If you don't know much about beetles, you will after reading this book, regardless of your age. The most remarkable facts, with wonderful illustrations, torn- and cut-paper collages created by the author (colorful, clear, even beautiful; the reader views an enlarged version of the beetles, as well as life-size).
Steve Jenkins does not talk down to children, nor does he speak up to adults. He writes in a forthright, intelligent and simple manner that should appeal to all ages, I would say beginning from the age of four (I cannot put an age cap on this book since it can be equally enjoyed by all). It's an interesting size - not too large and not too small (my measurements are circa 10-1/4" by 10-1/4").
I got curious about beetles when I saw one in my kitchen. I've always taken them for granted as disposable (I don't like to kill lone insects so I usually find a way to transport them outdoors). But this time I said "Wait! What is the story of this beetle? What it is really like? What is the history of the species?" And that's what led me to read this book. After reading it, I have a tremendous respect for a beetle when I see one. Truly amazing facts are presented. For instance, there are more than 350,000 kinds of beetles that have been named. Many more are discovered each year.
Some topics covered are the construction of the beetle, their senses, their habits, even how they grow up. What do they eat? It depends on the type of beetle. Some are plant eaters, some carry on their backs and eat dung, cleaning up the world's grasslands to provide food for their families. There are beetles that live off fungi; some are hunters and scavengers.
These facts don't even begin to cover the abundance of astounding information provided. A lot of care went into the execution of this book. The artwork is beautiful. I do think that the cover design itself could be improved upon. I would like to see more detail on the front of the book, and less detail on the back of it so that the lovely illustrations could have been more imaginatively placed, not just horizontally and vertically.
But that is just nitpicking what is to me the most impressive book for children about natural life since reading the works of Melvin Berger, whom I consider to be the finest author in this genre to date. I believe this book should be in every child's library. It is that important a contribution.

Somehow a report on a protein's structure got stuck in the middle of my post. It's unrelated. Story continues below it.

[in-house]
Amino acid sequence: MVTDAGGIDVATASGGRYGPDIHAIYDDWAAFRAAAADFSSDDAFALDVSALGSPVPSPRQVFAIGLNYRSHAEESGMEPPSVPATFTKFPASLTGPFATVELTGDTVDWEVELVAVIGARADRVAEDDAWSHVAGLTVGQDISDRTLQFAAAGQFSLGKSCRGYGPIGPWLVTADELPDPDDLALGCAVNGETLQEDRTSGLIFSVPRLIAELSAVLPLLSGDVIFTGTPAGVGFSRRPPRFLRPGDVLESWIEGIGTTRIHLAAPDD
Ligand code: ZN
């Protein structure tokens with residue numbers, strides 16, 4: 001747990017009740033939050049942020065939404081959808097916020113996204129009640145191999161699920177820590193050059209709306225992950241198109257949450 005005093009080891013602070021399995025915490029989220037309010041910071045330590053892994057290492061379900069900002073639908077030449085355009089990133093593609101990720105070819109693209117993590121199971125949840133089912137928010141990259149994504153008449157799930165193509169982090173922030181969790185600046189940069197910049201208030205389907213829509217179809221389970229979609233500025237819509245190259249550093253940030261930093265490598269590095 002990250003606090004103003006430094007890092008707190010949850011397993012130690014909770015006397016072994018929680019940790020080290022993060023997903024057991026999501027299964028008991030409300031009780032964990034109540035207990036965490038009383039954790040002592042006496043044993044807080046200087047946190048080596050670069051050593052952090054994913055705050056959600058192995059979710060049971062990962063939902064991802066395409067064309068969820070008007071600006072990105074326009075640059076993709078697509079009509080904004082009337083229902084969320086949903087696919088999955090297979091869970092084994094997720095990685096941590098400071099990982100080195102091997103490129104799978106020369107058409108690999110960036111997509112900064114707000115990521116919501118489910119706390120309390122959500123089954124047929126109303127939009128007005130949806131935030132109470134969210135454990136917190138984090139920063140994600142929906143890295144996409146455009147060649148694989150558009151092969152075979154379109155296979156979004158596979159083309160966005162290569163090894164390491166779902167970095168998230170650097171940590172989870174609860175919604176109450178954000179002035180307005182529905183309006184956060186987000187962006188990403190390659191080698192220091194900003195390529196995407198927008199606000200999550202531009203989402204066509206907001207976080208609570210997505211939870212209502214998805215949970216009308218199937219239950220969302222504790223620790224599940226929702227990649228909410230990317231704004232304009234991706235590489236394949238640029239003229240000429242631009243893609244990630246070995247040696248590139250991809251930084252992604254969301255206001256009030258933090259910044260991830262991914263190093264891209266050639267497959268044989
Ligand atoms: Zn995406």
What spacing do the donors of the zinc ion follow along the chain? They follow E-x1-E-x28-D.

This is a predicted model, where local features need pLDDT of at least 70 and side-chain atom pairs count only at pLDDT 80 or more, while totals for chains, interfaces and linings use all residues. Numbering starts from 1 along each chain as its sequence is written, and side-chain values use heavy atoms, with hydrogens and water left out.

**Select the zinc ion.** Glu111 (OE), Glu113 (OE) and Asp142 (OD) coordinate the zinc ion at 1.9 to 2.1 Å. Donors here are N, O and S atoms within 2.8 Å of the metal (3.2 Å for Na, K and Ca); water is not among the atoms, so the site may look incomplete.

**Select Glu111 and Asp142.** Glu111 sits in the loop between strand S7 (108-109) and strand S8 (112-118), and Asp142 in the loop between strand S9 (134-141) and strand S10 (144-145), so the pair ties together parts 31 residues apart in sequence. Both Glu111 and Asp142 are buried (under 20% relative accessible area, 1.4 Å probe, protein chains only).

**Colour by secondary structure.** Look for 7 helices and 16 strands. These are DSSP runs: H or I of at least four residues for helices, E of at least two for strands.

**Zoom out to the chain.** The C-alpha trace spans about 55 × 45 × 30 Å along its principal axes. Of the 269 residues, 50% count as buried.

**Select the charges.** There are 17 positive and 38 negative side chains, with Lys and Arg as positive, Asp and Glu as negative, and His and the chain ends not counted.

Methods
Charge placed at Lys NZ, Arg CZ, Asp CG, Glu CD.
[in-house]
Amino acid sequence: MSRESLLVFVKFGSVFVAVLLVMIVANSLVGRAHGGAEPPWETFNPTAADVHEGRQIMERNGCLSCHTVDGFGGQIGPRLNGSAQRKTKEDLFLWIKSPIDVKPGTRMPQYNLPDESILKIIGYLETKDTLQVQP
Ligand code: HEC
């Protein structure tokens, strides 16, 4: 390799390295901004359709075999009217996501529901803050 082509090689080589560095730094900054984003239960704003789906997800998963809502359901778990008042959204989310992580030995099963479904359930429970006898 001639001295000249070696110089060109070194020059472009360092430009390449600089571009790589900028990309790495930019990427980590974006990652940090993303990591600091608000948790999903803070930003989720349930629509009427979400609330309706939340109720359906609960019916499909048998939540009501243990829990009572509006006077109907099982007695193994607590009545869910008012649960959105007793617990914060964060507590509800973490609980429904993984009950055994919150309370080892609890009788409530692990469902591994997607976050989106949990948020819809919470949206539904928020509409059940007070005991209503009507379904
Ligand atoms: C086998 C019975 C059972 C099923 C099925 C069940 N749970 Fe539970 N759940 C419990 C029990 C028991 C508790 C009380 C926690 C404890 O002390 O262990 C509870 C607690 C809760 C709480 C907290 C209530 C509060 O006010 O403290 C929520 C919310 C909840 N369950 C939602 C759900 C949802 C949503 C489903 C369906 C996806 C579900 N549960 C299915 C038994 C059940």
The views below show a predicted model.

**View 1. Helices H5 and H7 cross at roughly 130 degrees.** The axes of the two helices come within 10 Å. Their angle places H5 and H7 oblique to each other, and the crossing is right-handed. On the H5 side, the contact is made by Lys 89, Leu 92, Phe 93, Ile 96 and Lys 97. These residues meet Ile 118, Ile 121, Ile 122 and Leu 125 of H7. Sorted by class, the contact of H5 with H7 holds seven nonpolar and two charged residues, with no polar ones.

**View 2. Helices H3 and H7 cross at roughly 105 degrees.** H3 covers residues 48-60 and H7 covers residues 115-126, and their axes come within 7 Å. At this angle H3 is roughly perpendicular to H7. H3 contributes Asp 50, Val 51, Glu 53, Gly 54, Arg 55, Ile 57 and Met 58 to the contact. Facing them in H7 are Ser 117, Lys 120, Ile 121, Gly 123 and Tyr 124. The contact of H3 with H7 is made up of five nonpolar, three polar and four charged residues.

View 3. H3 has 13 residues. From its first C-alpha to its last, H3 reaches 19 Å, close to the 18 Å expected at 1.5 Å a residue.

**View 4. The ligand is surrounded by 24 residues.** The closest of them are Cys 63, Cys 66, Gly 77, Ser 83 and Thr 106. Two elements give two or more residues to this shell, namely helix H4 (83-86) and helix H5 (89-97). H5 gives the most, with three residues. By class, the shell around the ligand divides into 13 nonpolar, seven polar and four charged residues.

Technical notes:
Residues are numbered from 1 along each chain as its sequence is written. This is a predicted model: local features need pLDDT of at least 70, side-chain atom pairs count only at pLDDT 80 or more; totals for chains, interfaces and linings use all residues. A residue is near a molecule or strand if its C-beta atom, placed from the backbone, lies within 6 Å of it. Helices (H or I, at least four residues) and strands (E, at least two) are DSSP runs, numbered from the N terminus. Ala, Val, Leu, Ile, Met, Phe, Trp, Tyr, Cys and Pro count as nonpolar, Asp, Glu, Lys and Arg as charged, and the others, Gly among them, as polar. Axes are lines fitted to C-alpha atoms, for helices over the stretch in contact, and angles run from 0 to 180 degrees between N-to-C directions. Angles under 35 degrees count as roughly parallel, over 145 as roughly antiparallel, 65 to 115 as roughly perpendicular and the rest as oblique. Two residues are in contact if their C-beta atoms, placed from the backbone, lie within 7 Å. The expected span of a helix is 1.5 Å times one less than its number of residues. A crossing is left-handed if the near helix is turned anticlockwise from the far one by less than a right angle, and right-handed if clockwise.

on September 16, 2014
Pictures are very stunning. But text are the best of this book. We (me and my 6 y twin love every details about beetle in this book, very interesting. Ex: Ironclad beetle looks like a bird's dropping to fool the predator. You must read it. I think 3 years old up can read this book for fun,too.
on April 27, 2013
I bought this for my 7 year old nephew, he has been in love with bugs since he was born. I wanted something not only with great imaging, but with details and descriptions. Its perfect. He can't read yet, but this way, when he can he will still love the book!
on March 29, 2013
If you have a child that is very into nature and loves to learn every little detail, this book is perfect. My three year old son has memorized every kind of beetle in the book and spends lots of time sitting and looking through the pages.
on July 11, 2013
I purchased this book for my six year old grandson - he loved it, especially the pictures of all the different beetles.
"The Beetle Book"
Written & Illustrated by Steve Jenkins
(Houghton Mifflin, 2012)
This is another excellent, first-class science book from author-illustrator Steve Jenkins, one of the finest talents working in kids nonfiction today. Beautifully illustrated in a combination painting/collage style, with imaginative layout, gorgeous colors and a dynamic use of negative (blank) space, this book introduces us to the world of beetles, one of the most widespread and varied animal lifeforms on Earth. Each page provides quick nuggets of information about several kinds of beetles, often grouped by a common characteristic -- poisonous beetles, camouflaged beetles, etc -- and the writing is clear, direct and delightful. This is the kind of book that a kid could live with for a long time, delighting in and memorizing the bright, vivid illustrations and reading over and over. Most surprising fact I got out of this one? That out of every kind of animal or plant species on Earth, one out of FOUR is a beetle! Wow! Guess they're pretty successful! And so is this book... Highly recommended! (DJ Joe Sixpack, ReadThatAgain childrens book reviews)